Just when you thought King Features couldn’t sink any lower – they do this.(Link to Mark Evanier’s News From ME)
Who says traditional animation is dead?Not Nelson Shin – the Walt Disney of Korea. His epic labor-of-love, EMPRESS CHUNG, has finally opened in North & South Korea. Nice article on Shin and Korean animation in today’s New York Times.The film will be screened at the Ottawa festival next month.(Thanks Michael Sporn)
Brazilian cartoonist Marcelo Braga (of the Macacolandia Studio) has started a blog, which is loaded with his, and some of his friends, artwork. Damn they’re good.
The current owners of National Lampoon have partnered with Art Clokey Productions to recraft the original Gumby TV series into an “edgy, irreverent” reinvention, called Gumby: The Lost Tapes. Lampoon will create and produce all-new dialog (and in some cases music) tracks. The “new” versions will appear on the National Lampoon Network, the largest college dorm television network reaching nearly 5 million college students on 600 campuses nationwide. National Lampoon will also be issuing the “new” episodes for sale on DVD. Full press release here.
Mike Mattesi is opening a new art school in Pasadena, ENTERTAINMENT ART ACADEMY.Stephen Silver will be there doing a lecture on Charater Design (Sept. 25), Tony Bancroft will discuss Animated Performance (Nov. 20th), Glen Murakami will be Interpreting Superheroes, and my ol’ buddy Jim Wheelock will look at Architecture as Narrative (Oct. 9th). Rik Maki (of Digital or Not) will teaching a 13 week class on Character Design. For more information visit www.enterartacad.com
I don’t know about you, but I just booked a hotel room for July 20-23 in downtown San Diego. Eleven months in advance.
San Diego Comic Con
We will be having a contest the week of September 12th relating to Tim Burton’s CORPSE BRIDE. Warner Bros. will be giving us prizes and we will hand them out to the first readers who answer our simple trivia questions that week.In the meantime, Ron Barbagallo has, on his website, posted a great behind the scenes interview with Graham G. Maiden (Mars Attacks and Chicken Run), Head of the Puppet Department at the London studio set up exclusively to produce Corpse Bride. The interview includes art and images from the film’s production that illustrate the process behind the craft of puppet making. Click here to read it.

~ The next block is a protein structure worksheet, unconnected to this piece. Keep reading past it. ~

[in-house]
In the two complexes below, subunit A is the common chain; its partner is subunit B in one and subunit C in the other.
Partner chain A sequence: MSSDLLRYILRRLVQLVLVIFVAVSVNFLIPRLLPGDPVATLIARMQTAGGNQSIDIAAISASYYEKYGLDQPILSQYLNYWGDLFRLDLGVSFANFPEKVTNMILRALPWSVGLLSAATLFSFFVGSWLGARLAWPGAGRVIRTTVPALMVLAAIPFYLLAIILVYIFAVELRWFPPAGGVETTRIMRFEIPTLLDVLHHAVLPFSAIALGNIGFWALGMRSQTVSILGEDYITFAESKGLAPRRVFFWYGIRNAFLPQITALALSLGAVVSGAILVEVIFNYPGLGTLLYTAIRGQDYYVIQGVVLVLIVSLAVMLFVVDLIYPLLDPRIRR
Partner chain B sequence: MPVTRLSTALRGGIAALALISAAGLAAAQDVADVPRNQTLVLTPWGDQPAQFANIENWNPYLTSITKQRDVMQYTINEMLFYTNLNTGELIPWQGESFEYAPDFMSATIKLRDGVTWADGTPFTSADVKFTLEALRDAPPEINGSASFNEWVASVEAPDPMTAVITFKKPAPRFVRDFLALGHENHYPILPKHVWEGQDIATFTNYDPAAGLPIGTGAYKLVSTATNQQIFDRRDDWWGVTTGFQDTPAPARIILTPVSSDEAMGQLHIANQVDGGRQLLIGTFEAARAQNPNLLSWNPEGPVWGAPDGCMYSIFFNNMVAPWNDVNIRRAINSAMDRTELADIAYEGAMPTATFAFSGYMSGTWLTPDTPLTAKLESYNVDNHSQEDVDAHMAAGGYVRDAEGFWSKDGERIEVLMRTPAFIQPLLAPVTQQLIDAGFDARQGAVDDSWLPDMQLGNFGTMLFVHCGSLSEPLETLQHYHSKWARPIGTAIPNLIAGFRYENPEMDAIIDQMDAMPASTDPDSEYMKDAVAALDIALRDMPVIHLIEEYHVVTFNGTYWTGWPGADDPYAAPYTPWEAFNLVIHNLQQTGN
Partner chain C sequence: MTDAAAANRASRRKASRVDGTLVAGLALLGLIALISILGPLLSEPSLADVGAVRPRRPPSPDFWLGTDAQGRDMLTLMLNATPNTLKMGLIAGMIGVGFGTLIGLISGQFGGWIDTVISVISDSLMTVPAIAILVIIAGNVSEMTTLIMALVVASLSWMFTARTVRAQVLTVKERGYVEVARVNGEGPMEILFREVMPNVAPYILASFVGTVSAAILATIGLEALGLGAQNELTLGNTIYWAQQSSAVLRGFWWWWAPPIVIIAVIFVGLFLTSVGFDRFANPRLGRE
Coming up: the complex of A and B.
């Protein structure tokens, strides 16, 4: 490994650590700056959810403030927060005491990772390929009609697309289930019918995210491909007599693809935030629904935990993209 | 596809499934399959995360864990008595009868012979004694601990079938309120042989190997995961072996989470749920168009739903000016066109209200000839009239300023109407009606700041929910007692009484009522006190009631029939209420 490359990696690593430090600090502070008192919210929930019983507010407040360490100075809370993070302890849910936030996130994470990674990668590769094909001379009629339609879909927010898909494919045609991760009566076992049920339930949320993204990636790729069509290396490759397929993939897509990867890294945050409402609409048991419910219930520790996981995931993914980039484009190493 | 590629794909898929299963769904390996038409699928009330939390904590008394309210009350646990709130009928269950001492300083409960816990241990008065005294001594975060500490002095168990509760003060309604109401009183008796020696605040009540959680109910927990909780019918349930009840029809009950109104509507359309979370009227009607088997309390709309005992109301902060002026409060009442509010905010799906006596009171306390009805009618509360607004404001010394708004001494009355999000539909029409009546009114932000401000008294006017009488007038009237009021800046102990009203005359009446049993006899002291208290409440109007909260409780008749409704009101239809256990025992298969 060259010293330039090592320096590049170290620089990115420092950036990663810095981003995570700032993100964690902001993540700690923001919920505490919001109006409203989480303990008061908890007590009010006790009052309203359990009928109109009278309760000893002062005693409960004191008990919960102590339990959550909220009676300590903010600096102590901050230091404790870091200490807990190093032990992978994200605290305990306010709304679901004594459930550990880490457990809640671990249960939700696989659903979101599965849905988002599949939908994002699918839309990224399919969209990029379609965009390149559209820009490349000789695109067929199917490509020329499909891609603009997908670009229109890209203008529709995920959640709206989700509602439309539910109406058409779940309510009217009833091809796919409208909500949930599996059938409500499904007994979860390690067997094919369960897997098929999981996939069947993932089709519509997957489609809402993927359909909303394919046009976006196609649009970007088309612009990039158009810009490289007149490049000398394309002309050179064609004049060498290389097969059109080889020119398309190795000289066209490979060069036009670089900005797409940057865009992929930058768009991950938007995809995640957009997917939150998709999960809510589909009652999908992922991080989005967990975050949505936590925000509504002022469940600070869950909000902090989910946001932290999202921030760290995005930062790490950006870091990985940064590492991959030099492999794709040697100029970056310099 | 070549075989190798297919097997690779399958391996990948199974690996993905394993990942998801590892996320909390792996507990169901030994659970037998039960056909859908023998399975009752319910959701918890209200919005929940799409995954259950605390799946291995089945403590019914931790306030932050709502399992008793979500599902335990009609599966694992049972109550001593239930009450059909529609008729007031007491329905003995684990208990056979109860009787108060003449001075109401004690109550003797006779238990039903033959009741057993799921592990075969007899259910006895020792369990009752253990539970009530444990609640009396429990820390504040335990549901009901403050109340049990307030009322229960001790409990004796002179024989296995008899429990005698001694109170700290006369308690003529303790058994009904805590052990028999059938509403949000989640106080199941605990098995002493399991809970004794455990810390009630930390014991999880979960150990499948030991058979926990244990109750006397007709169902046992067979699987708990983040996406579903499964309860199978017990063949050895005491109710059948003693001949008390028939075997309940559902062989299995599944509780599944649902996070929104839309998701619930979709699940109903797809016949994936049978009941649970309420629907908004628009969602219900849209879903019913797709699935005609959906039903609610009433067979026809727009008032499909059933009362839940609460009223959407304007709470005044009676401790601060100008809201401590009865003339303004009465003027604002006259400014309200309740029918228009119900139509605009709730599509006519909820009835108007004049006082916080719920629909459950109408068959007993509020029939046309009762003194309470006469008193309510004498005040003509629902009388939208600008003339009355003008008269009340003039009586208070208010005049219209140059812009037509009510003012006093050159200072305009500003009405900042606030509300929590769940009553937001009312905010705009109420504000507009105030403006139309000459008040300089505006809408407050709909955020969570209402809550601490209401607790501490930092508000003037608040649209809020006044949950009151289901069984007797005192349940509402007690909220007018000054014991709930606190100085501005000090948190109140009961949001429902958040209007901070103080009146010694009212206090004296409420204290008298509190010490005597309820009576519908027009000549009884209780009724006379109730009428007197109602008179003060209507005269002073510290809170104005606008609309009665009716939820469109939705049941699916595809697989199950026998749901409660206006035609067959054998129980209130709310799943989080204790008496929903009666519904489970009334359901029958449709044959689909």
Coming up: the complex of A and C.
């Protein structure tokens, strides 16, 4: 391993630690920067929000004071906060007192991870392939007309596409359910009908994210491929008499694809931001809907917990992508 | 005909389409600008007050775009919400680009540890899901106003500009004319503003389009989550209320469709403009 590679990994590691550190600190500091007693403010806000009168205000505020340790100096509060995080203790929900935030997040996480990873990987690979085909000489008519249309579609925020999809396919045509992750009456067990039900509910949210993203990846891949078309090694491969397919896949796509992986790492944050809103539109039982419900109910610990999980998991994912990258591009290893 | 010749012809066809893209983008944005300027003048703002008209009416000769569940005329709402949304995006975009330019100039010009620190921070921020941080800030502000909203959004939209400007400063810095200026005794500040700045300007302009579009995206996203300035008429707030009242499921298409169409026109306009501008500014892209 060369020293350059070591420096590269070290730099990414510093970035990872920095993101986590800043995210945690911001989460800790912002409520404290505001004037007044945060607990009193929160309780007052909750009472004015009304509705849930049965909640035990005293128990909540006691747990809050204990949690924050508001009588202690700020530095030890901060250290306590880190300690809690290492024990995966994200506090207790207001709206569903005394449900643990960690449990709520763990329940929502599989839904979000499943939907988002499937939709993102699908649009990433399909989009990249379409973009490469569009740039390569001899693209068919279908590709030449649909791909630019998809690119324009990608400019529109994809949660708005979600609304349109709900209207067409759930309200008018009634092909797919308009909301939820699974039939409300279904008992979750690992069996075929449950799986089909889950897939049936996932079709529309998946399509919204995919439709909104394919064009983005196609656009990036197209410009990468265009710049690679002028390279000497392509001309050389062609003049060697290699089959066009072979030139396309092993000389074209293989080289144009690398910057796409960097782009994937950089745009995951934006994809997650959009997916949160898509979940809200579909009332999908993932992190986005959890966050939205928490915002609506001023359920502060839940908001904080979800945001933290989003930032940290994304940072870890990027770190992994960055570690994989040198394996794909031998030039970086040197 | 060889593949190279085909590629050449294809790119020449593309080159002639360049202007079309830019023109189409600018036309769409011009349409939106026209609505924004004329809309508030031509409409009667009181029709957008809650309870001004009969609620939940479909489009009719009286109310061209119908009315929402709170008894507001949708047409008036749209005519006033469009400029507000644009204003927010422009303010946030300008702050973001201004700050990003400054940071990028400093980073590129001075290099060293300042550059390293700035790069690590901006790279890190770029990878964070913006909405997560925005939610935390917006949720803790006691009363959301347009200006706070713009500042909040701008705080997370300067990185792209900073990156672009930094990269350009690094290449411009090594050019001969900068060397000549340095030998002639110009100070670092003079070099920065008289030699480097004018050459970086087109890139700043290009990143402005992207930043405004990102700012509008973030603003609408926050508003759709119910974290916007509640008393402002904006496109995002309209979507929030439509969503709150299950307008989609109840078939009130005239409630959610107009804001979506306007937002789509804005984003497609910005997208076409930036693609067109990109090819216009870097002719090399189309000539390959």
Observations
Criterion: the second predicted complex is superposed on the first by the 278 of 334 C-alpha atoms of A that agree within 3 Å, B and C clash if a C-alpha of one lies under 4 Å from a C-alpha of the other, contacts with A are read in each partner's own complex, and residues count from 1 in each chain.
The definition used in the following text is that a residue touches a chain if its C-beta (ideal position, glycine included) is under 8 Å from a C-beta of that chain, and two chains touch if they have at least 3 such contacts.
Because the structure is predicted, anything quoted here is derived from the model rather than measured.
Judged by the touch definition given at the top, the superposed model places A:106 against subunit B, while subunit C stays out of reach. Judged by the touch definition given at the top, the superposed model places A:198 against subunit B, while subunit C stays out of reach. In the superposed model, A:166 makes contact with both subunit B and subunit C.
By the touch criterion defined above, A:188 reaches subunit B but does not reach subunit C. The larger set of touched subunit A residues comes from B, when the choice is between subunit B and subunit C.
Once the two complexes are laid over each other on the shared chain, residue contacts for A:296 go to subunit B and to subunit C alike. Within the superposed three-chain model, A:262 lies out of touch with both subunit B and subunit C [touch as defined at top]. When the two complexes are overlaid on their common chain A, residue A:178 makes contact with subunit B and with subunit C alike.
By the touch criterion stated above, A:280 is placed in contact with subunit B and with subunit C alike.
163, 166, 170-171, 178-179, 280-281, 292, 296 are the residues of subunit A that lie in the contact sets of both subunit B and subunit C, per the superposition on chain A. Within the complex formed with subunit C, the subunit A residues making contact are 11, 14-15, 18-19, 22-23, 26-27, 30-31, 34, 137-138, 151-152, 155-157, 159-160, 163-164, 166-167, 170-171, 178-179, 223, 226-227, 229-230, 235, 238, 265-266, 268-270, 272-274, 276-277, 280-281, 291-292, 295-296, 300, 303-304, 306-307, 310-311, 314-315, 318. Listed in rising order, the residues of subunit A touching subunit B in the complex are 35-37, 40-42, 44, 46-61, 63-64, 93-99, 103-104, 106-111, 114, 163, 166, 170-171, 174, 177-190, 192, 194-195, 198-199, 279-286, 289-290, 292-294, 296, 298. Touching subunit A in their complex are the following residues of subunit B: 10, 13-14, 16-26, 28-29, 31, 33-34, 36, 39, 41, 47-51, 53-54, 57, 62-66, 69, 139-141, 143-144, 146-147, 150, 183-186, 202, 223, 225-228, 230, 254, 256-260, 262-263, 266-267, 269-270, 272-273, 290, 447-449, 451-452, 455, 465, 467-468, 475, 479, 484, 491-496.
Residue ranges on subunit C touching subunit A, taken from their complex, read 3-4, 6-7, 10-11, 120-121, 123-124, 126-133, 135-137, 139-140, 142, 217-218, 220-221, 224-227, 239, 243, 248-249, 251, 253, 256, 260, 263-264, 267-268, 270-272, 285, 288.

My expectations were so low for VALIANT, that I was pleasantly surprised how much I enjoyed the film at an Asifa-Hollywood screening last night. I also noted the audience laughed often throughout the film.I was expecting a disaster, but the story was solid (cliched, but solid), the animation was well done and the characters were funny. It played like a B-Film – a 1940s B-film, and that’s not a bad thing.It’s worth seeing.
John Canemaker’s Winsor McCay – His Life and Art, his 1987 biography of the great newspaper cartoonist and pioneer animator, will be published again in October by Harry N. Abrams, Inc. in a revised and expanded edition. The original tome, long out-of-print, is one of the most valuable – and entertaining – animation histories on my bookshelf. This new edition has me salivating.The revised edition is now 272 pages – 48 more pages than the old edition – and filled with never-before published photos, artwork and research. New material includes:
Never-before published pages from McCay’s private animation production notebook revealing the filmmaker’s ideas for timing and visualizations in “Gertie the Dinosaur” (1914), “Lusitania,” and “Flip’s Circus” (c. 1921).Rare concept art by McCay for a second film starring Gertie the Dinosaur.New documentation of McCay’s early career, including the Wonderland and Eden Musee in Detroit, where he sold his first cartoons. McCay’s professional relationship and longtime personal friendship with cartoonist Apthorp “Ap” Adams, one of his two assistants on the monumental animated epic “The Sinking of the Lusitania” (1918). Full-page reproduction of a 1907 New York Herald showcasing eight top comic strip cartoonists and illustratorm including McCay, and their art. A complete Winsor McCay Chronology, and extensive additions to the Notes and Bibliography sections. Many rarely seen photos and drawings from private collections. A new cover, book design and page layout.
The book retails for $40.00, but I recommend you pre-order it on Amazon.com for $29.70.